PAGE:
[Karin Davis] Yeah, and I think it helps you, it would help you stand out as you're saying to, to donors and to, to grant givers, because there's not a lot of organizations doing it, right now, there's a lot of organizations say, we are really going to lean into creativity, we're gonna lean into being as innovative as we can, and we're going to push the boundaries, to achieve new results, and to increase our impact. There's not a lot of organizations doing that. So it'll help you stand out. And the other thing, just going back to employees that just popped into my mind was, when you don't make that shift towards creativity towards pushing for new, you're at risk of losing some very good talent, because they're not able to meet their own standards to be able to contribute, right. So myself included, I was, you know, I was in the nonprofit sector for a long time. And I was passionate about it. And I wanted to stay at multiple different organizations, but I was like, every time I sort of get to a place where I'd be like, Why don't we try this? Or, you know, I have some ideas around that I was shut down. And so for me, it was like, you know, I need to fulfill that in me. So I need to go elsewhere. I think that's the other way of looking at it is, you know, what are you risking? If you don't embrace creativity?
[Sami Bedell-Mulhern] Well, I think it's always something like, I mean, we look at a company like Patagonia, who like their CEO made tons of news for like, not selling his company and just giving it to the founder, you know, I mean, like, people think that, but it's because he's, I mean, Patagonia does all sorts of amazing creative things and their marketing and the way that they kind of mix their, their company with their values, but because he's so rooted in what it was that his ultimate goal was, the legacy he wanted to leave behind. That was an easy decision. But like, that was not something that he I'm sure just came to, like, there was, you know,
[Karin Davis] that absolutely. The process? Yeah, yeah, absolutely. Yeah, for sure. Well,
[Sami Bedell-Mulhern] Karen, I'm inspired by this conversation, you know, I always love talking to you, but what kind of takeaway would you want to give leaders or even employees in nonprofits to kind of help build creativity in their organizations?
[Karin Davis] Yeah, I think, you know, as much as we talk about it, it has to, for an organization to be creative, it needs to be senior leadership, and it needs to come from the top. I think there's opportunities at different, you know, other places to start that conversation. So you know, in your own team, you can start that conversation about how can we be more creative, so and so I don't want someone to give up just because they don't have that buy in at the senior leadership level yet. So there's ways to get that buy in, there's ways to talk about the value of creativity, and sort of push it up the chain. But in terms of implementation, it really does need to come from from the top. The other thing is that, what I find is that there's a lot of work that needs to be done in partnership with with funders, to understand that you may not have the same results. If you are open to failure, you may have more learnings, and it will take longer to get to, you know, specific outcomes. But you may, it just may take that time to fail to learn to redo it, fail to learn to redo it, but that your eventual outcomes can be 10 times greater if you build that opportunity and to fail and learn. And I think funders are, you know, in a position again, to be accountable with money. But they need to sort of ease into that, that culture of creativity as well.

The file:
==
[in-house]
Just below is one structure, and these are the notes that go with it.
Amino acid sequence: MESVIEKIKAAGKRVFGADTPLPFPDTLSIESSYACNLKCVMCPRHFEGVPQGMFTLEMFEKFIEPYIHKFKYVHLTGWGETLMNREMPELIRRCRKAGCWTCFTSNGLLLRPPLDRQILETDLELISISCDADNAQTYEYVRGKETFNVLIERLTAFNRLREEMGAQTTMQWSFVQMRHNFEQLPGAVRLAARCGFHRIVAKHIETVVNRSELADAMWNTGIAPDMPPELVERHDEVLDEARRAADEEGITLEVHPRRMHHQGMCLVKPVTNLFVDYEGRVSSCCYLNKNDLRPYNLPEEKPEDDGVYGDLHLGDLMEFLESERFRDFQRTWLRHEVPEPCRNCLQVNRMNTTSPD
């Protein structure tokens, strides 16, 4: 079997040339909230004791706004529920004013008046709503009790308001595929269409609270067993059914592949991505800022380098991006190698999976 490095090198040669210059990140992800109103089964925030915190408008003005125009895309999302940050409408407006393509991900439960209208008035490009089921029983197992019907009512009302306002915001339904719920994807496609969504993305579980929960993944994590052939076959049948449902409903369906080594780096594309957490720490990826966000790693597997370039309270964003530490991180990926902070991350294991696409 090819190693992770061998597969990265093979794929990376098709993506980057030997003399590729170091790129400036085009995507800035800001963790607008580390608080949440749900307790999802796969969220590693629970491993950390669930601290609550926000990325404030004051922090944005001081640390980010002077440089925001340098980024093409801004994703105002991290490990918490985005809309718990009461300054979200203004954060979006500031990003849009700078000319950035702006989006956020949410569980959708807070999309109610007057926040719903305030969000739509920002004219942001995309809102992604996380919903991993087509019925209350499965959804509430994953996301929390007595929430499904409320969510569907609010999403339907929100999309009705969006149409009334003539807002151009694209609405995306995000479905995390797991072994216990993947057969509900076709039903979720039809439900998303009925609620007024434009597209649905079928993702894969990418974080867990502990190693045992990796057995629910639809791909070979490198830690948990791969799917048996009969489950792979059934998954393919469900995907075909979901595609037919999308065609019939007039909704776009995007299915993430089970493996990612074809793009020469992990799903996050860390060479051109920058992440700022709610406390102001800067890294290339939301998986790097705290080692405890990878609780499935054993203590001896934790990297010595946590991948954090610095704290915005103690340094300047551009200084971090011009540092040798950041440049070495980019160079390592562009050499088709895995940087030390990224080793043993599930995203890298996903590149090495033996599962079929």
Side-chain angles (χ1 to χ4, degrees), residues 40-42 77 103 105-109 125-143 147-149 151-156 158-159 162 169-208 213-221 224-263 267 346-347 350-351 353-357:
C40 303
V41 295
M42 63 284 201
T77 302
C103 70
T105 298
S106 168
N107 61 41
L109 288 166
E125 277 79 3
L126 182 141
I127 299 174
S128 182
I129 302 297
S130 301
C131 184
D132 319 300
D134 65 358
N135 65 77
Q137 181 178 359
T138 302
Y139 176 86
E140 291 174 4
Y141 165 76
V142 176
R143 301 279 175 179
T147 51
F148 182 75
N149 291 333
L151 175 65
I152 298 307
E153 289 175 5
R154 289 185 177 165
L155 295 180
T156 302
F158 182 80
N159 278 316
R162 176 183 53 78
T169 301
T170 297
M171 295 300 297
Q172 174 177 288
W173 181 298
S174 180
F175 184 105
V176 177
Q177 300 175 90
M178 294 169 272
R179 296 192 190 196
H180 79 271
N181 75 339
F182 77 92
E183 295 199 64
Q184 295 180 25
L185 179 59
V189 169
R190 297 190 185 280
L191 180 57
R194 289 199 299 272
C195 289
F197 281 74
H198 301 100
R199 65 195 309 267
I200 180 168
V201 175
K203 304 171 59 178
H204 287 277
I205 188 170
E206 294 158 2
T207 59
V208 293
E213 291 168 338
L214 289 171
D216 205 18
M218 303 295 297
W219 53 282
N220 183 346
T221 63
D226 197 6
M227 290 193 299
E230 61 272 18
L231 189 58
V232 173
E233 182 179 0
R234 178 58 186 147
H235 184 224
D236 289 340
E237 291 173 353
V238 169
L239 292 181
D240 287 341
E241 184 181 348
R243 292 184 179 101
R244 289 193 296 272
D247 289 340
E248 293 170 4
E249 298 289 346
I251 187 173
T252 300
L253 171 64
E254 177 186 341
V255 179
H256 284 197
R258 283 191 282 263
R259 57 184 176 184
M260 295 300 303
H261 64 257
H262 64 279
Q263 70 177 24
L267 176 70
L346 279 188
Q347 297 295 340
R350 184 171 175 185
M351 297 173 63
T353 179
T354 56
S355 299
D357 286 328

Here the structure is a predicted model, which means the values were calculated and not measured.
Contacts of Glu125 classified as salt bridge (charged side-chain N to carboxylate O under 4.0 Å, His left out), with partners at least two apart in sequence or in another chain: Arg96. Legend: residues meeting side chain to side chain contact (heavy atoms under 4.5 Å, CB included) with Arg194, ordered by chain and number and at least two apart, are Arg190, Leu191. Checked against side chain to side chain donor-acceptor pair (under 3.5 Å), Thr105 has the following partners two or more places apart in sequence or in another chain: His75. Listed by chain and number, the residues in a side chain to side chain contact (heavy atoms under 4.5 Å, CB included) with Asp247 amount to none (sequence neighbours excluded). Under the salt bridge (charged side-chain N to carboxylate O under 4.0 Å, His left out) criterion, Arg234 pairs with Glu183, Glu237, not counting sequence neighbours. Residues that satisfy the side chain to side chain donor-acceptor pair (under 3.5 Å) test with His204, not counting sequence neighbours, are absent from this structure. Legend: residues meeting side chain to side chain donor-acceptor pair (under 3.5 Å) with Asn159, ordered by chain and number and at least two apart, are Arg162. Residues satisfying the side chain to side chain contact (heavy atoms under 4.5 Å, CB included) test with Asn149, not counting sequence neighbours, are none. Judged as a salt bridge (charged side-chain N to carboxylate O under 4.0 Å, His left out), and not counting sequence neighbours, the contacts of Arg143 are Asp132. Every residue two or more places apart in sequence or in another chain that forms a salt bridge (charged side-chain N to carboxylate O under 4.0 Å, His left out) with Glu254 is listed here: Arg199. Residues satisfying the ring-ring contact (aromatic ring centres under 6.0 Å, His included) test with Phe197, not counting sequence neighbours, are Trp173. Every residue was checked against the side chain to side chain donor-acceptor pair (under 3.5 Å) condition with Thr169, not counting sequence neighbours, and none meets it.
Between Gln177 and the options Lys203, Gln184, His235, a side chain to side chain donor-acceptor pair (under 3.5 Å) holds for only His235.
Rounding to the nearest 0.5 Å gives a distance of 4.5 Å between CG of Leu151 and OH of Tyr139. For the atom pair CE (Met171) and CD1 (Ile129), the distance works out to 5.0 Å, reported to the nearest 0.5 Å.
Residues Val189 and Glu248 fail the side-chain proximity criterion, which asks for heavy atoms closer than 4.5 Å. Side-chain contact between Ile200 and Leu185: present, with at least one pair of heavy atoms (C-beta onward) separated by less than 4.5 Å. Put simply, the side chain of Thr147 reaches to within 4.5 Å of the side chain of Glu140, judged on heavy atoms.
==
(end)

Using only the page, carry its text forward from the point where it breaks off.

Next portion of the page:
[Sami Bedell-Mulhern] But I want to touch on that real quick. Sorry, I know I said we were done. But you said this, this is a great point. And that instead of looking at it as the standpoint of like, you know, it might take us longer to get there. If you have certain funders that are entrepreneurial minded or creativity minded. This is also a great opportunity to bring them along to say, hey, like we've got these great ideas. We want to be innovative. We want to be the game changers in this marketplace. We want you to be the hero behind us, like will you help us fund this particular thing? Because then they can enter into that risk with you. That takes us to Russia.
[Karin Davis] Yeah, yeah, absolutely. If you can find a funder who is that wants to be that leading edge innovation driven funder and be that organization and then build, build that partnership and where you are looking at those four areas and how to develop, you know, true, long lasting, sustainable creativity, you're gonna get amazing results.
[Sami Bedell-Mulhern] I love that. Well, Karen, if people want to learn more about you how to connect with you, and just get to know all of your offerings, how do they do that?
[Karin Davis] You can come to my website at https://pinkpigsfly.com
[Sami Bedell-Mulhern] I love it. And we'll link all of that up in the show notes at https://thefirstclick.net/182 Karin, thank you so much.
[Karin Davis] Thank you so much fun talking to you today about creativity. I could talk all day.
[Sami Bedell-Mulhern] Oh, no, right? Were you not as amazed by the episode as I was. I love Karen's insight and the way that she approaches this conversation around creativity. I get that it's a long term process and something that you'll need to make an effort to work on. But it can have dramatic results in the outcomes and the impact that you're able to make. Thank you so much for listening today. I hope you enjoyed it. Make sure you subscribe so you don't miss out on a single episode. New episodes are released every Tuesday. And check us out on YouTube at the first click.net forward slash YouTube to watch video versions of this episode. And share it with a friend while you're at it. We can all learn together, support each other collaborate together, get creative together. And of course the show notes will be available at https://thefirstclick.net/182 We'll see in the next one